Right after the start of the protest movement in Algeria last February, a number of high-profile representatives of the now deposed Bouteflika government faced corruption charges. Some of the cases involving power abuse and government funds theft are still being heard by local courts.
In late May, the Algerian Supreme Court started entertaining graft accusations against twelve former functionaries in an ongoing crackdown on the former ruling elite. Among those who came under fire were Bouteflika’s last prime minister Ahmed Ouyahia along with his predecessor on this post – Abdelmalek Sellal, the former Director General of National Security, Abdelghani Hamel, along with eight other former ministers. Additionally, a military tribunal in Blida detained the ex-president’s younger brother Said Bouteflika, together with two former heads of the Intelligence and Security Department Mohamed Mediene and Athmane Tartag. It was announced that a special judge was appointed to investigate their case.
Further still, the acting secretary general of the Algerian Workers Party, Louisa Hanoun was also place in custody by a military judge for “harming the army’s authority and plotting against state authority.”
It’s alleged that those individuals who made up a considerable part of the now deposed government were brought to justice due to the testimonies provided by the now arrested local oligarchs Ali Haddad and the Kouninef brothers, as they claim that they were capable of obtaining highly lucrative government contracts due to their friendship with Said Bouteflika.
As of now, Algerian political circles remain in a state of shock as it was unprecedented that the Supreme Court would go after fish that big. Many of those charged with crimes against Algeria are risking to face real prison sentences.
It should be reminded that an acute political crisis erupted in Algeria last February, once the old strongman Abdelaziz Bouteflika announced his intention to run for fifth presidential term, in spite of his old age and numerous health problems. After several weeks of popular protests that rocked the entire country Bouteflika dismissed the government Ahmed Ouyahia and abandoned his post himself, citing health issues as a pretext.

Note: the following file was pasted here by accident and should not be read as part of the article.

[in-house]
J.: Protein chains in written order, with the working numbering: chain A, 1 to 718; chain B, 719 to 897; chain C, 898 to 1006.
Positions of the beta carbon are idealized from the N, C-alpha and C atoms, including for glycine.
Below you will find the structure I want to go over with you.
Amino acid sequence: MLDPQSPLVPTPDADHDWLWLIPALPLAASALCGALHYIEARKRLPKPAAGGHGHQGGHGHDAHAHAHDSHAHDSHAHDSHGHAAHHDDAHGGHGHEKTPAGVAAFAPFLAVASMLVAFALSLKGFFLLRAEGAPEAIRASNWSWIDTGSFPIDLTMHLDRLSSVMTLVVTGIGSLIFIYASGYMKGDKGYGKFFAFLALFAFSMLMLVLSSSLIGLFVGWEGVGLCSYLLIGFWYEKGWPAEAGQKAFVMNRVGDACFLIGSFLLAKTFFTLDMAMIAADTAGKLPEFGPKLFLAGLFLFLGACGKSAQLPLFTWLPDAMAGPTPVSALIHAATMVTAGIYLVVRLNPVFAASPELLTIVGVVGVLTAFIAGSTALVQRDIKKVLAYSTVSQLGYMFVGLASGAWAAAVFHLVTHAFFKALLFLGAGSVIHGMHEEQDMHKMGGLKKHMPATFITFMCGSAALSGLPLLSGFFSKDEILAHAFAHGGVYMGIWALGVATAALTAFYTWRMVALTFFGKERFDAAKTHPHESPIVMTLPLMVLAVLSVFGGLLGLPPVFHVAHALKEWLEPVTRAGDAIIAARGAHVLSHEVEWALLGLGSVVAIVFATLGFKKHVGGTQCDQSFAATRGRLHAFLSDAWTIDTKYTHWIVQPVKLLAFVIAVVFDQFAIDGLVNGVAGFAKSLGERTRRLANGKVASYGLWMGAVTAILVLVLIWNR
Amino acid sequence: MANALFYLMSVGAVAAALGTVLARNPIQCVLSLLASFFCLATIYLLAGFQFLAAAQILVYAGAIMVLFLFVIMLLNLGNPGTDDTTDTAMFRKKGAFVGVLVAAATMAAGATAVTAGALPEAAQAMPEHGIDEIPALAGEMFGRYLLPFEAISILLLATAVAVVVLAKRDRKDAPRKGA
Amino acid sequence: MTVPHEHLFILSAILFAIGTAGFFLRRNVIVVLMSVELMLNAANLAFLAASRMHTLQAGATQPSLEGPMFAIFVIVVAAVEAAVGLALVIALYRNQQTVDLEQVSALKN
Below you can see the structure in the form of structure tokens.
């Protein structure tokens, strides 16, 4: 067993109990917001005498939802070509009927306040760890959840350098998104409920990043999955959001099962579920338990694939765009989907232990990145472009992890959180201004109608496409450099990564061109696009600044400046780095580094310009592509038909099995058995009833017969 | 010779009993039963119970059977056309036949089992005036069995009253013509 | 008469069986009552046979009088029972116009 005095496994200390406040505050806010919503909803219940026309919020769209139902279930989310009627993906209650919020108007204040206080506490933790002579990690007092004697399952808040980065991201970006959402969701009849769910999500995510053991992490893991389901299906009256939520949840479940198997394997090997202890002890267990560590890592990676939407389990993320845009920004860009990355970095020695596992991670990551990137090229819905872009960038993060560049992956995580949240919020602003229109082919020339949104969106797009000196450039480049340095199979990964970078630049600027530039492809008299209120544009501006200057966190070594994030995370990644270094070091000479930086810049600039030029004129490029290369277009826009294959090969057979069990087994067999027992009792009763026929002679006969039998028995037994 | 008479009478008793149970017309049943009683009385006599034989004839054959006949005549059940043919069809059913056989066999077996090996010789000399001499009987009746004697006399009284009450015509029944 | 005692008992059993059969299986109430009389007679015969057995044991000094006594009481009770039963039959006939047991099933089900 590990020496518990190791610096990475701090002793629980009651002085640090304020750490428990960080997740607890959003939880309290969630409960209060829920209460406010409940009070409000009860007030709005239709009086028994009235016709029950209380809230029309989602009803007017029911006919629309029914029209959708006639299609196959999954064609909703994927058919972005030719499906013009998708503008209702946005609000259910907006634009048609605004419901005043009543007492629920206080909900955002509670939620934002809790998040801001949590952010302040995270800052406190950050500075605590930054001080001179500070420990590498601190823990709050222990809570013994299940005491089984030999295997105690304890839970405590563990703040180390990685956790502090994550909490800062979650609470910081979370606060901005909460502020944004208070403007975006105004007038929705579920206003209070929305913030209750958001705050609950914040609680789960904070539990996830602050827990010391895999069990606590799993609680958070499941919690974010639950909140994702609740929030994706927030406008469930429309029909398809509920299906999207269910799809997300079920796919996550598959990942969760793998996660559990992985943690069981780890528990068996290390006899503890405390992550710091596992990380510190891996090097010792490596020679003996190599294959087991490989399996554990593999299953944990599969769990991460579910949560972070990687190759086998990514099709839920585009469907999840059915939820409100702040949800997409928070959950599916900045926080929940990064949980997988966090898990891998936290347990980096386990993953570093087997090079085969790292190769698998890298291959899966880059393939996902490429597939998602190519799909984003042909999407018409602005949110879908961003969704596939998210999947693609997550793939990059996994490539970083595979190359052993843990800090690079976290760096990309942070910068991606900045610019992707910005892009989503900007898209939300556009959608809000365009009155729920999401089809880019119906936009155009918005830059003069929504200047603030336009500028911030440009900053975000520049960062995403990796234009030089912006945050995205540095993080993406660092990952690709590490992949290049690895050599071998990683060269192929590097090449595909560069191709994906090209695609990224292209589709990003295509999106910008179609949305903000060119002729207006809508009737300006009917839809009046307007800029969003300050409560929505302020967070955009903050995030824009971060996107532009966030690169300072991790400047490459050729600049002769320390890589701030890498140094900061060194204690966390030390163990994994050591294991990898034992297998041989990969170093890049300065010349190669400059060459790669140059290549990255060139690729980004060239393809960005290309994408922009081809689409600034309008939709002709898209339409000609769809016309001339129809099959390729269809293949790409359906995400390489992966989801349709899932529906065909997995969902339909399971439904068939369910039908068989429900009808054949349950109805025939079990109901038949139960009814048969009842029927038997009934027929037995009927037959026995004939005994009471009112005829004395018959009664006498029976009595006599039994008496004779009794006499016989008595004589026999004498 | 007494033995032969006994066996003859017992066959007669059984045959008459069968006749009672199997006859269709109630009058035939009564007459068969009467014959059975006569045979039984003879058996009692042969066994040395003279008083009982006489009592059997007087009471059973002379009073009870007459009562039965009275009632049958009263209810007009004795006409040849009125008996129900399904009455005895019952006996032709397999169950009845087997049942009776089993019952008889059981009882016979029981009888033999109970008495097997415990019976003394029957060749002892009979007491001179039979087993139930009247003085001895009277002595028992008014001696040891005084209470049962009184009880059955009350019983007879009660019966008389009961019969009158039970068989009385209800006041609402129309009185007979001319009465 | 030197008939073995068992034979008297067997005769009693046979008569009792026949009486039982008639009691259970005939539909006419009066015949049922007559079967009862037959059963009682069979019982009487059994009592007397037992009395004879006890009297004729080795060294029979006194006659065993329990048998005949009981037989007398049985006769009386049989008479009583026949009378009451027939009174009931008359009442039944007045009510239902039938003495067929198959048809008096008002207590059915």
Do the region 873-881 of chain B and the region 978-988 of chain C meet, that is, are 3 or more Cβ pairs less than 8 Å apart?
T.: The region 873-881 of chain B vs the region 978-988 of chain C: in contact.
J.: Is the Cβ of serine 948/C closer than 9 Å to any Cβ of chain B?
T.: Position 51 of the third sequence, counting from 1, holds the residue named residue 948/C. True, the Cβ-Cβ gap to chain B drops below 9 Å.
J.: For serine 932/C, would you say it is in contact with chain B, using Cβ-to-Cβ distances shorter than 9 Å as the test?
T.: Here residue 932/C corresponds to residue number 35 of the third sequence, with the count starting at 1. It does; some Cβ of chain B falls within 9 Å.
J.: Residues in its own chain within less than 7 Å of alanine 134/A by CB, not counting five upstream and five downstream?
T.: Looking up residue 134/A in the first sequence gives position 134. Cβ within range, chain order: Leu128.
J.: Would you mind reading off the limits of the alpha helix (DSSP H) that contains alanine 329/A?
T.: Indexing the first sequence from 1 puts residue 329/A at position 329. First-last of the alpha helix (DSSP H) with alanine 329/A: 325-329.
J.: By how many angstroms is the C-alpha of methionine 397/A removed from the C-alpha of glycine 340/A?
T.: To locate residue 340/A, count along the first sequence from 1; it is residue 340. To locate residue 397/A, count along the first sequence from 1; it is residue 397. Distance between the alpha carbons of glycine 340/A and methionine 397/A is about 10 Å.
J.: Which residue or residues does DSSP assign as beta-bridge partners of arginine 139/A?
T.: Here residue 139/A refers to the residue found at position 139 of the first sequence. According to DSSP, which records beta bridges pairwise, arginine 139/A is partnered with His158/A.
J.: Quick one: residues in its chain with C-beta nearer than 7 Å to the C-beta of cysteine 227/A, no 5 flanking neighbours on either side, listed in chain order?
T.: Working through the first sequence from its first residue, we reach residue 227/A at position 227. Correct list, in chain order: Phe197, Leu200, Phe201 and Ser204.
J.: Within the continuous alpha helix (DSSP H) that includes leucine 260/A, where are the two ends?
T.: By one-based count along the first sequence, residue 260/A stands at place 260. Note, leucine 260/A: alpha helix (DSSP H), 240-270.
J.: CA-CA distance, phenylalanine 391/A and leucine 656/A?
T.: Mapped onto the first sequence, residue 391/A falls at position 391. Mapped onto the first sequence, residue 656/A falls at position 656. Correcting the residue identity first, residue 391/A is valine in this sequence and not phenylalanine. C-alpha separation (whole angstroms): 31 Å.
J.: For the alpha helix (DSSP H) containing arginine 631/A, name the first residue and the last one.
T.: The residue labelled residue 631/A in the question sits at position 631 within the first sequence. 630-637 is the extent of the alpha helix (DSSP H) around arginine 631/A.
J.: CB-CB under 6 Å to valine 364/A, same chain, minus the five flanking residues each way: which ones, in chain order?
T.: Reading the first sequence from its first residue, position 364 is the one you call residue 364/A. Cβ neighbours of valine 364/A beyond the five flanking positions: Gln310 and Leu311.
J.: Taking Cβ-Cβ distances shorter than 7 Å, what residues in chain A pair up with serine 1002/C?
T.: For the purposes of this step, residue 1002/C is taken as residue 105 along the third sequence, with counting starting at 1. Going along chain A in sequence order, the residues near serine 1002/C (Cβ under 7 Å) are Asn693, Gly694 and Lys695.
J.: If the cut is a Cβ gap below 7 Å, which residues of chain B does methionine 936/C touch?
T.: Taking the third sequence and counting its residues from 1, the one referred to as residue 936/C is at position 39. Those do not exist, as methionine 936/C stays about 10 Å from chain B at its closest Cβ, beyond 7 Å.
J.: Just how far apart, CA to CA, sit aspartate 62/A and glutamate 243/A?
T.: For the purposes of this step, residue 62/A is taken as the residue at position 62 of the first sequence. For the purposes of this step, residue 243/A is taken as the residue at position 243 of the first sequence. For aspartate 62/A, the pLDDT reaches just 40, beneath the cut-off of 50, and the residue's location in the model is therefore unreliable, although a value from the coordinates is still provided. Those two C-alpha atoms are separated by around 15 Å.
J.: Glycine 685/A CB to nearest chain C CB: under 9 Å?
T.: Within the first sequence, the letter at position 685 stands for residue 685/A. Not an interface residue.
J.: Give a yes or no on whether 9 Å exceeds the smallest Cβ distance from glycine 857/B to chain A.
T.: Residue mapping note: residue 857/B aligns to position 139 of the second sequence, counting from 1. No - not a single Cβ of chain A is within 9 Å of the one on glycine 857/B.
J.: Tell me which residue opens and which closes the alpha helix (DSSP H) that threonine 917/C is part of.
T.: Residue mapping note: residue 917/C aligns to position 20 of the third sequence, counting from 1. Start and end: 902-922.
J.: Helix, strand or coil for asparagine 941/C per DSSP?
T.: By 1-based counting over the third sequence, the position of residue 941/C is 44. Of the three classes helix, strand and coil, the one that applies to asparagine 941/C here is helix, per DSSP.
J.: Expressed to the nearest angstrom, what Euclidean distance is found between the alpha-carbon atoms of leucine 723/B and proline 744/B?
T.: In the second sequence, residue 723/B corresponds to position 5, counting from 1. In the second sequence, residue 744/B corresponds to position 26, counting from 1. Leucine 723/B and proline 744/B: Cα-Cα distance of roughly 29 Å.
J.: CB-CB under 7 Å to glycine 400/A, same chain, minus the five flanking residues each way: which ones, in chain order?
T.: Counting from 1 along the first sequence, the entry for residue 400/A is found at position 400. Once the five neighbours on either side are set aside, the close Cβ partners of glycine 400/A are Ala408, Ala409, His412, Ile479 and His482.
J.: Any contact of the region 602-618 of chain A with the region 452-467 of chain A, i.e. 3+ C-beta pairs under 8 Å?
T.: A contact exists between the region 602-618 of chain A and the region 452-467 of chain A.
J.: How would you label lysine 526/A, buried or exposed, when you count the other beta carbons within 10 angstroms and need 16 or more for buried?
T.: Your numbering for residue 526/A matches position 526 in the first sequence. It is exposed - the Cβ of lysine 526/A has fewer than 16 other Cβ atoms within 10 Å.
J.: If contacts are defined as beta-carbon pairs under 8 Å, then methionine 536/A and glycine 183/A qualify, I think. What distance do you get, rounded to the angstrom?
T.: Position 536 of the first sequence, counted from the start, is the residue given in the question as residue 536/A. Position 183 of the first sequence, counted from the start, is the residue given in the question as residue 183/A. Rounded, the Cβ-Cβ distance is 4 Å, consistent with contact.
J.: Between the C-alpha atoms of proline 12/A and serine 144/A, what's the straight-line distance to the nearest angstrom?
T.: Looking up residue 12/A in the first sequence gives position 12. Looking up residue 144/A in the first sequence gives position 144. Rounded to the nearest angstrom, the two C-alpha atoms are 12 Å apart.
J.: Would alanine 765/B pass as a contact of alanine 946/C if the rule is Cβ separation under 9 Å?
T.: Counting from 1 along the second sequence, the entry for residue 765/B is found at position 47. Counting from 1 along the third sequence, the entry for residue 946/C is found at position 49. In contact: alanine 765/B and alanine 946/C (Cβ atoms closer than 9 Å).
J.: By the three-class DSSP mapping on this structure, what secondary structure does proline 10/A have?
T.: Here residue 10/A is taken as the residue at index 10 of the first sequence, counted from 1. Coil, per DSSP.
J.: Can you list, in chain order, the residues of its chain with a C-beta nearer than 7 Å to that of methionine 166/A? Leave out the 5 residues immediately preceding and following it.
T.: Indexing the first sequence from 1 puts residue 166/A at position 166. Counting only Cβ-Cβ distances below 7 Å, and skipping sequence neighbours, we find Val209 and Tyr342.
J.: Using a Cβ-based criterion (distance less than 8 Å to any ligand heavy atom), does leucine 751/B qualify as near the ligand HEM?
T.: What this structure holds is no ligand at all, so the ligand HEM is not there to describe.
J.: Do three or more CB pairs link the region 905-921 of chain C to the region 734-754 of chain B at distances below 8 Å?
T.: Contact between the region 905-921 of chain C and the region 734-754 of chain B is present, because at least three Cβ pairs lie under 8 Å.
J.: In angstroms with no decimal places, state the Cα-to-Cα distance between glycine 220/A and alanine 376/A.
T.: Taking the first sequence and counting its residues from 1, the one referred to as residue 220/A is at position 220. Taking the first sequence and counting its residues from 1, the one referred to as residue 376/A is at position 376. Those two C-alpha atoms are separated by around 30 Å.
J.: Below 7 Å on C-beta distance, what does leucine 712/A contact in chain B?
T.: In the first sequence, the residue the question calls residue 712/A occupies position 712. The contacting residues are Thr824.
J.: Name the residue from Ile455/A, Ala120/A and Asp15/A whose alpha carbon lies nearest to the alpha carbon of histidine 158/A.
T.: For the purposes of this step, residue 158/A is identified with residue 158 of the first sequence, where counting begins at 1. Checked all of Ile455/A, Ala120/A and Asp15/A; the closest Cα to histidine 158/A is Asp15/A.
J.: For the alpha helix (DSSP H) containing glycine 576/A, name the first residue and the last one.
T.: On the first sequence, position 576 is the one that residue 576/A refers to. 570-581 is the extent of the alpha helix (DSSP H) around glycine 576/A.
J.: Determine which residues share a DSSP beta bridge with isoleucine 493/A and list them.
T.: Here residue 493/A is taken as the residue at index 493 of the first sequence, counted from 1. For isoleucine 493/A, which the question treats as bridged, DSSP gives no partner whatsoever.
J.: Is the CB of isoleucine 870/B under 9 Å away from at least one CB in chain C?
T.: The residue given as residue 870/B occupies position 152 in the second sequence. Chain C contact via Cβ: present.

According to the Constitution, the speaker of the upper house of the Algerian Parliament, Abdelkader Bensalah was appointed interim president for a period of ninety days so that he could prepare the country for holding special elections.
However, the local opposition that is being driven by outside powers keeps claiming that it has no trust in Abdelkader Bensalah as he used to enjoy good relations with Abdelaziz Bouteflika, so they demand the departure of the ruling elite. At the same time, the military brass of Algeria seems to be convinced just as well that special elections must be held as soon as possible, as it was revealed by the Army Chief of Staff, Ahmed Gaed Salah. In his opinion this is the only option to put an end to the ongoing political crisis. At the same time, Ahmed Gaed Salah would initiate a series of investigations against high-profile figures of the former government in a bid to ease the level of protests against the government.
Yet, the opposition would have none of this as it refuses to settle for a cosmetic makeover of the government. In particular, they demand all acting officials to stand down, including Abdelkader Bensalah together with high-profile representatives of the military elite. They also want Algeria to be more pro-Western, which is hardly a surprise for anyone who has been closely following the events on the ground. At the same time, local religious figures have started playing an increasingly important role in the ongoing crisis, which shows that prior evaluations of the role that foreign players play in this debacle was correct.
However, in the absence of strong political leaders there was no point in holding special presidential election on July 4, as was planned initially, which resulted in the protraction of the long political crisis that swept this country down.